WASHINGTON, July 10, 1832
To the Senate:
The bill "to modify and continue" the act entitled "An act to incorporate the subscribers to the Bank of the United States" was presented to me on the 4th July instant. Having considered it with that solemn regard to the principles of the Constitution which the day was calculated to inspire, and come to the conclusion that it ought not to become a law, I herewith return it to the Senate, in which it originated, with my objections.
A bank of the United States is in many respects convenient for the Government and useful to the people. Entertaining this opinion, and deeply impressed with the belief that some of the powers and privileges possessed by the existing bank are unauthorized by the Constitution, subversive of the rights of the States, and dangerous to the liberties of the people, I felt it my duty at an early period of my Administration to call the attention of Congress to the practicability of organizing an institution combining all its advantages and obviating these objections. I sincerely regret that in the act before me I can perceive none of those modifications of the bank charter which are necessary, in my opinion, to make it compatible with justice, with sound policy, or with the Constitution of our country.
The present corporate body, denominated the president, directors, and company of the Bank of the United States, will have existed at the time this act is intended to take effect twenty years. It enjoys an exclusive privilege of banking under the authority of the General Government, a monopoly of its favor and support, and, as a necessary consequence, almost a monopoly of the foreign and domestic exchange. The powers, privileges, and favors bestowed upon it in the original charter, by increasing the value of the stock far above its par value, operated as a gratuity of many millions to the stockholders.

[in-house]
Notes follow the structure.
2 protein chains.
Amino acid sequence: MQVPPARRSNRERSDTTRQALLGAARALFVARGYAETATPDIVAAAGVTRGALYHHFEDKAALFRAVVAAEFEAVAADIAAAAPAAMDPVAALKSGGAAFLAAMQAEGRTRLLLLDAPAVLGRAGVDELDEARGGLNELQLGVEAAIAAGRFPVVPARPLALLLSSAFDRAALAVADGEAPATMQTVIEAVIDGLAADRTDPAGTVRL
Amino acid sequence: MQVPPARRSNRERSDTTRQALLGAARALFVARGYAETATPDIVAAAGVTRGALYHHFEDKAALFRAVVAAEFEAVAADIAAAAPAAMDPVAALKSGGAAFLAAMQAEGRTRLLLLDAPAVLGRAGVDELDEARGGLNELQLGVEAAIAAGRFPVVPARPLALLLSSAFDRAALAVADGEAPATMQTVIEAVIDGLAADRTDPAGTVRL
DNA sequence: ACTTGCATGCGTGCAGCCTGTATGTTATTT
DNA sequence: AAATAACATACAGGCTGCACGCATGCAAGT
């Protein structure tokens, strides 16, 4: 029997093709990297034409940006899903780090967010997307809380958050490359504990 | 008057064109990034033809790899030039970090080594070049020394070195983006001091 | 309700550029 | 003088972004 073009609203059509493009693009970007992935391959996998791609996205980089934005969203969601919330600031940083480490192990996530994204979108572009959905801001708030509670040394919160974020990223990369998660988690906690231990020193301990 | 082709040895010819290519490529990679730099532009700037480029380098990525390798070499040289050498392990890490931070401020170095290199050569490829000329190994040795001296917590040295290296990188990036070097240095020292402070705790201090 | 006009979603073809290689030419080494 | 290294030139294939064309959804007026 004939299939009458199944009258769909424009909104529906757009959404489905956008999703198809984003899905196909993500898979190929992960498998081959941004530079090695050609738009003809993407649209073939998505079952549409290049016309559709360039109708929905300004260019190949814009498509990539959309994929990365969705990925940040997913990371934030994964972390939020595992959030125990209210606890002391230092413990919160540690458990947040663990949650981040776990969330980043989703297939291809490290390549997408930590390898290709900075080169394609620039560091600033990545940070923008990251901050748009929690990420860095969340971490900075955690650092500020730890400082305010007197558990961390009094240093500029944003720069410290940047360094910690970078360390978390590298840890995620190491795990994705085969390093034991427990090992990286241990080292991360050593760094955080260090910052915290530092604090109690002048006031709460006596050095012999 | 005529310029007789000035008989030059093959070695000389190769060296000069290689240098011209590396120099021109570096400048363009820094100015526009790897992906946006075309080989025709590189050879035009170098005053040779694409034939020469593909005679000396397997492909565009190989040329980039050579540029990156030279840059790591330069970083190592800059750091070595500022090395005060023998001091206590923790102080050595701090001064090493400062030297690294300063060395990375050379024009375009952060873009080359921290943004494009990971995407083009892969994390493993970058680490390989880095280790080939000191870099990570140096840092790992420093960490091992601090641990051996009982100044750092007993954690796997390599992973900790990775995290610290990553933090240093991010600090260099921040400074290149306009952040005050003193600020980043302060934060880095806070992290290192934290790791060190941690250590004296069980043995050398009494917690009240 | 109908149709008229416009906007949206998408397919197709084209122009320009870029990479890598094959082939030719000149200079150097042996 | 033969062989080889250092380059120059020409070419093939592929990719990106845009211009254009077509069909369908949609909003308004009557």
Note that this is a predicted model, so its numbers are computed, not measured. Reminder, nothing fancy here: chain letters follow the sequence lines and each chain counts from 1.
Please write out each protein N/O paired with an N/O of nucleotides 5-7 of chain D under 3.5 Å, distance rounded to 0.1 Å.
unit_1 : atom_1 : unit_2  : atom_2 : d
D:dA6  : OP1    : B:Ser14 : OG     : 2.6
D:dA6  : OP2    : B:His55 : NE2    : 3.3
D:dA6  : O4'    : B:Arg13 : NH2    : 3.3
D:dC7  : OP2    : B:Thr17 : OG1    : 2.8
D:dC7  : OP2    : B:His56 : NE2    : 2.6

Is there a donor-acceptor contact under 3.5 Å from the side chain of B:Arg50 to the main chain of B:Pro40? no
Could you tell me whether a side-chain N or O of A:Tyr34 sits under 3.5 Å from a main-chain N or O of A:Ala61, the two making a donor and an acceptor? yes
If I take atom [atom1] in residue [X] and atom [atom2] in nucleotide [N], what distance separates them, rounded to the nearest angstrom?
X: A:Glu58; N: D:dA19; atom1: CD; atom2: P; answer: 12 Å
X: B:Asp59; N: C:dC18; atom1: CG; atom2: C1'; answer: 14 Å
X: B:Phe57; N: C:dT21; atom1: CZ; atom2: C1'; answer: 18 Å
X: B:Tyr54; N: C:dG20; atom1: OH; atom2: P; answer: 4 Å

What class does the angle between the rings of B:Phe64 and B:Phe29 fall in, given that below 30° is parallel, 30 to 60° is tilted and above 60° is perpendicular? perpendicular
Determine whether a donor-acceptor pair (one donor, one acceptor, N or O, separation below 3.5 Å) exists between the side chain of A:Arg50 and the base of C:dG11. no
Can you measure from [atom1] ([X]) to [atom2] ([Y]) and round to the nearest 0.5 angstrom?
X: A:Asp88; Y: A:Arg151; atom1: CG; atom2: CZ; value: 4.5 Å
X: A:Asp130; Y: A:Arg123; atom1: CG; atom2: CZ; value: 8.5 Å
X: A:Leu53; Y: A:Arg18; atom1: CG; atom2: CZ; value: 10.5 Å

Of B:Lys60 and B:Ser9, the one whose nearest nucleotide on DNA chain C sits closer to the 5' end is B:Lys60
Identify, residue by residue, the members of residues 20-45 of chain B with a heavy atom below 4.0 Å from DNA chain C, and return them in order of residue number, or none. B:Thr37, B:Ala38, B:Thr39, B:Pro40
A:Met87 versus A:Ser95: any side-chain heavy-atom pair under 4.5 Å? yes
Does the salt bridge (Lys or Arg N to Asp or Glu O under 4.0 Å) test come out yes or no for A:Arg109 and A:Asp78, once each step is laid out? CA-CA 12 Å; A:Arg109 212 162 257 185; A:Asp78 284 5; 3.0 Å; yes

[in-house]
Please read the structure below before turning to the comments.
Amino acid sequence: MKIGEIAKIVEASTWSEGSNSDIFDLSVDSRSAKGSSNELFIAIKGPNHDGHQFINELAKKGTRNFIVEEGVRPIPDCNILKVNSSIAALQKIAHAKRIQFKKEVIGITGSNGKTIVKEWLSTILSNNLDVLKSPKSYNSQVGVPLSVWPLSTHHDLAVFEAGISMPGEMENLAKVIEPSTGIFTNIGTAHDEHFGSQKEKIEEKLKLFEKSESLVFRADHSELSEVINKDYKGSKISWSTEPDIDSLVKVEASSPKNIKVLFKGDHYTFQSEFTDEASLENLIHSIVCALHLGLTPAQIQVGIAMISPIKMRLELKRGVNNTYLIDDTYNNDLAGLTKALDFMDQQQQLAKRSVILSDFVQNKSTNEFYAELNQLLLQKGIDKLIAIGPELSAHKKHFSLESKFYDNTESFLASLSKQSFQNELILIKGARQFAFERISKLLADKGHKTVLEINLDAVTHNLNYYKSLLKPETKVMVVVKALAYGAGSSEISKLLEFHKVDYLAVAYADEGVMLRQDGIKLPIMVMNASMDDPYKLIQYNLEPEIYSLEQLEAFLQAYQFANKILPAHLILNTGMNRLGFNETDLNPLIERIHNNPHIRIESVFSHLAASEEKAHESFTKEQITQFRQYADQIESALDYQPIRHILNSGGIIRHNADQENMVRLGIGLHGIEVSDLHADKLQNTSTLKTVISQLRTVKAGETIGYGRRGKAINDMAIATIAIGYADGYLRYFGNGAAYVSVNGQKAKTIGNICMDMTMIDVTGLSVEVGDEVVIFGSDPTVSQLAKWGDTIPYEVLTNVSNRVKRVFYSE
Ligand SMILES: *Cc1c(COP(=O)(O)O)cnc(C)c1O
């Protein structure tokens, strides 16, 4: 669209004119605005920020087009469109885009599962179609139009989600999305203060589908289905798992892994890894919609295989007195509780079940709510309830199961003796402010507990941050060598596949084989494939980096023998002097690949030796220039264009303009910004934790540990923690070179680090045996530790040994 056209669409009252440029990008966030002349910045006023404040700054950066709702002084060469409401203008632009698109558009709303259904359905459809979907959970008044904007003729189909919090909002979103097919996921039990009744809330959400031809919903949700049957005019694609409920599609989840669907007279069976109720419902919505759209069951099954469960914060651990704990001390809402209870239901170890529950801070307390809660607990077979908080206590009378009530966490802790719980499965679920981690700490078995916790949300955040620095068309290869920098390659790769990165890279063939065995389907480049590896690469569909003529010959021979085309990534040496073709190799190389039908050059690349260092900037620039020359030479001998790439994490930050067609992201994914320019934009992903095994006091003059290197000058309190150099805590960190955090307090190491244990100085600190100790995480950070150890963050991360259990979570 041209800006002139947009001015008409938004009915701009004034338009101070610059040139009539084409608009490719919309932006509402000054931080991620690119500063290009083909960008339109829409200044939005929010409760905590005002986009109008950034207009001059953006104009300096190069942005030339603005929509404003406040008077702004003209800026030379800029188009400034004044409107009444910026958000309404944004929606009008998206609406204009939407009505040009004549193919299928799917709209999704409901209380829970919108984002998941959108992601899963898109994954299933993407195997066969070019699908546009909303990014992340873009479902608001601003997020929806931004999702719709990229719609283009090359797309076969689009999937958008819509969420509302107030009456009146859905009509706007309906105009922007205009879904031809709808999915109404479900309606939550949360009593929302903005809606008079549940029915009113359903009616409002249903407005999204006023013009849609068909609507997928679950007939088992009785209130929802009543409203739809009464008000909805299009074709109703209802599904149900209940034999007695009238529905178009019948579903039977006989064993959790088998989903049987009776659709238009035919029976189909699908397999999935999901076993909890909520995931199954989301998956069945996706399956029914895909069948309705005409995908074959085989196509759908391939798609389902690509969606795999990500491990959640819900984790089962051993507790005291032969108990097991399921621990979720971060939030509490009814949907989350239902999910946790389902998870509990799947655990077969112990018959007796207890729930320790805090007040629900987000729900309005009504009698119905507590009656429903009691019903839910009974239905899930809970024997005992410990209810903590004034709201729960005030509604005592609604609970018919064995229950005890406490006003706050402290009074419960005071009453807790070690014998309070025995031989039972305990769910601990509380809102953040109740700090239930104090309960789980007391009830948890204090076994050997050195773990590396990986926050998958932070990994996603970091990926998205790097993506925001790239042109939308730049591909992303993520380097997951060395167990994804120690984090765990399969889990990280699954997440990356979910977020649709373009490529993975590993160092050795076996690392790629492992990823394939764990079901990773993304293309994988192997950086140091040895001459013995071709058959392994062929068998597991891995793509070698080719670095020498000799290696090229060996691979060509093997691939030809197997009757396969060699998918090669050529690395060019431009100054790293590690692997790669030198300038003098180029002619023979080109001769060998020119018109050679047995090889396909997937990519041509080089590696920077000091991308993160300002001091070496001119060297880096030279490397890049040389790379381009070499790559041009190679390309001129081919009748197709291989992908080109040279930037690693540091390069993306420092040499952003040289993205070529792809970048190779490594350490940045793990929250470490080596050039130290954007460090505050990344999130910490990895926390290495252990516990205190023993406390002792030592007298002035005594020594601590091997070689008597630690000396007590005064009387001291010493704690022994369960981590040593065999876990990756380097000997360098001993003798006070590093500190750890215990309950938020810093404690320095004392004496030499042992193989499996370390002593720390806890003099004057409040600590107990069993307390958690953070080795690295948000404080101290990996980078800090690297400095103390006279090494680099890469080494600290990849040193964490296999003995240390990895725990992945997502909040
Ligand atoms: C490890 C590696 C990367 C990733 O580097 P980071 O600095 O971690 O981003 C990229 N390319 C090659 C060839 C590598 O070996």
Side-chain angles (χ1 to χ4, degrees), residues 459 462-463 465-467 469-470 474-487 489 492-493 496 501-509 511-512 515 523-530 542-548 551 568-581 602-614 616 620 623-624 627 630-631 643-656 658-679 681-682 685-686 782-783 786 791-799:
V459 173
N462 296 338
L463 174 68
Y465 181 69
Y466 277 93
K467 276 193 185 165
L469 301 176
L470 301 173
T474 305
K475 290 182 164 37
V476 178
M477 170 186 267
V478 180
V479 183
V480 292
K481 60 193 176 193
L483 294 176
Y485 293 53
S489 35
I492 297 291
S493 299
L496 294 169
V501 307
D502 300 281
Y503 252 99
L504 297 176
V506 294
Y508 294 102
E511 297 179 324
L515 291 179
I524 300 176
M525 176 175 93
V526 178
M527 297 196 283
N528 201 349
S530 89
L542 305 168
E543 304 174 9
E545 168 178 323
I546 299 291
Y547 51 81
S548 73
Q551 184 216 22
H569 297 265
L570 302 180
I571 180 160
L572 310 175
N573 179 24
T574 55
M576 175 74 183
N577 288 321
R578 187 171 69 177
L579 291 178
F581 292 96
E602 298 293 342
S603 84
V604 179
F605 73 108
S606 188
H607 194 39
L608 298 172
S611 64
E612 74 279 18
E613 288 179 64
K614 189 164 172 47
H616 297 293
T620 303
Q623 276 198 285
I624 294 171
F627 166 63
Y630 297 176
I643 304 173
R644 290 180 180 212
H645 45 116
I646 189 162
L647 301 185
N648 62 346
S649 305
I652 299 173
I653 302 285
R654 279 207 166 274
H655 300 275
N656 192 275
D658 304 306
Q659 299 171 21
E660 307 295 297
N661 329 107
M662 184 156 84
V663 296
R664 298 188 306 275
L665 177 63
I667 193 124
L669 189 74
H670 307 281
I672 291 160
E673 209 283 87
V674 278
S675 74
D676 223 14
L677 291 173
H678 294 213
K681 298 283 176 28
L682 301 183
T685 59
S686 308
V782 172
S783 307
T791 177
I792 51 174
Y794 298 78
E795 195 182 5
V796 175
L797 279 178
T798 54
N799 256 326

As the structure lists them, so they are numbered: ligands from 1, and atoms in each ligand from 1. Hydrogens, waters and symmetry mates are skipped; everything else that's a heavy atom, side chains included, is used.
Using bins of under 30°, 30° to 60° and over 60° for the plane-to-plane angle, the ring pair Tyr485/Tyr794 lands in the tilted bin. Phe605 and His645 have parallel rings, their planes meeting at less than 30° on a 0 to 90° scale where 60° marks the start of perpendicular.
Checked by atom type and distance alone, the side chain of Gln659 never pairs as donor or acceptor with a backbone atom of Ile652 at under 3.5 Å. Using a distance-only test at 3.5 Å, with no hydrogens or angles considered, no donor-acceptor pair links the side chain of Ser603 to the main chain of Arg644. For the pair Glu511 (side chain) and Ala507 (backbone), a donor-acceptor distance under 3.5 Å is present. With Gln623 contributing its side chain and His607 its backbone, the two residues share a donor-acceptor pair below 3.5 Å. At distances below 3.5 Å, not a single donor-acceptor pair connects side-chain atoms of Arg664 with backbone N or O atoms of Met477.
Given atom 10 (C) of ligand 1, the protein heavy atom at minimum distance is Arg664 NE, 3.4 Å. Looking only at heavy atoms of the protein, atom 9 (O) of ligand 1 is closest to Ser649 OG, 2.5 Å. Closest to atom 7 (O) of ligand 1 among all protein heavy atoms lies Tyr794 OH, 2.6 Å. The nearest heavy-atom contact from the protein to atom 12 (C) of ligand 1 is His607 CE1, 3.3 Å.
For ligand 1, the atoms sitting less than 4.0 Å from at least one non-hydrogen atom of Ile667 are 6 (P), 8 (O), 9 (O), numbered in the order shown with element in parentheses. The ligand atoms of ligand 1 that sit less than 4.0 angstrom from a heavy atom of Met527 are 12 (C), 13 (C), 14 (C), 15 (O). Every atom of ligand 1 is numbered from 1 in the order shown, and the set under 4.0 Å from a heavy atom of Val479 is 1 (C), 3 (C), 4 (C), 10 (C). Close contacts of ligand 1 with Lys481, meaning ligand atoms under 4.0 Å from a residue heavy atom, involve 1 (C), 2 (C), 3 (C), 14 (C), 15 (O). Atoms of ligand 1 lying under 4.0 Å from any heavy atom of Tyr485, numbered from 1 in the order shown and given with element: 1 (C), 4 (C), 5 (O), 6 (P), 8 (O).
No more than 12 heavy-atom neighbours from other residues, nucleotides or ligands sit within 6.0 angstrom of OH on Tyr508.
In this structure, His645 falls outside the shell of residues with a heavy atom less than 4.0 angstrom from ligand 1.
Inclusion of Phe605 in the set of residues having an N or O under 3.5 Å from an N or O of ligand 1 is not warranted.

An apology may be found for the failure to guard against this result in the consideration that the effect of the original act of incorporation could not be certainly foreseen at the time of its passage. The act before me proposes another gratuity to the holders of the same stock, and in many cases to the same men, of at least seven millions more. This donation finds no apology in any uncertainty as to the effect of the act. On all hands it is conceded that its passage will increase at least 20 or 30 per cent more the market price of the stock, subject to the payment of the annuity of $200,000 per year secured by the act, thus adding in a moment one-fourth of its par value. It is not our own citizens only who are to receive the bounty of our Government. More than eight millions of the stock of this bank are held by foreigners. By this act the American Republic proposes virtually to make them a present of some millions of dollars. For these gratuities to foreigners and to some of our own opulent citizens the act secures no equivalent whatever. They are the certain gains of the present stockholders under the operation of this act, after making full allowance for the payment of the bonus.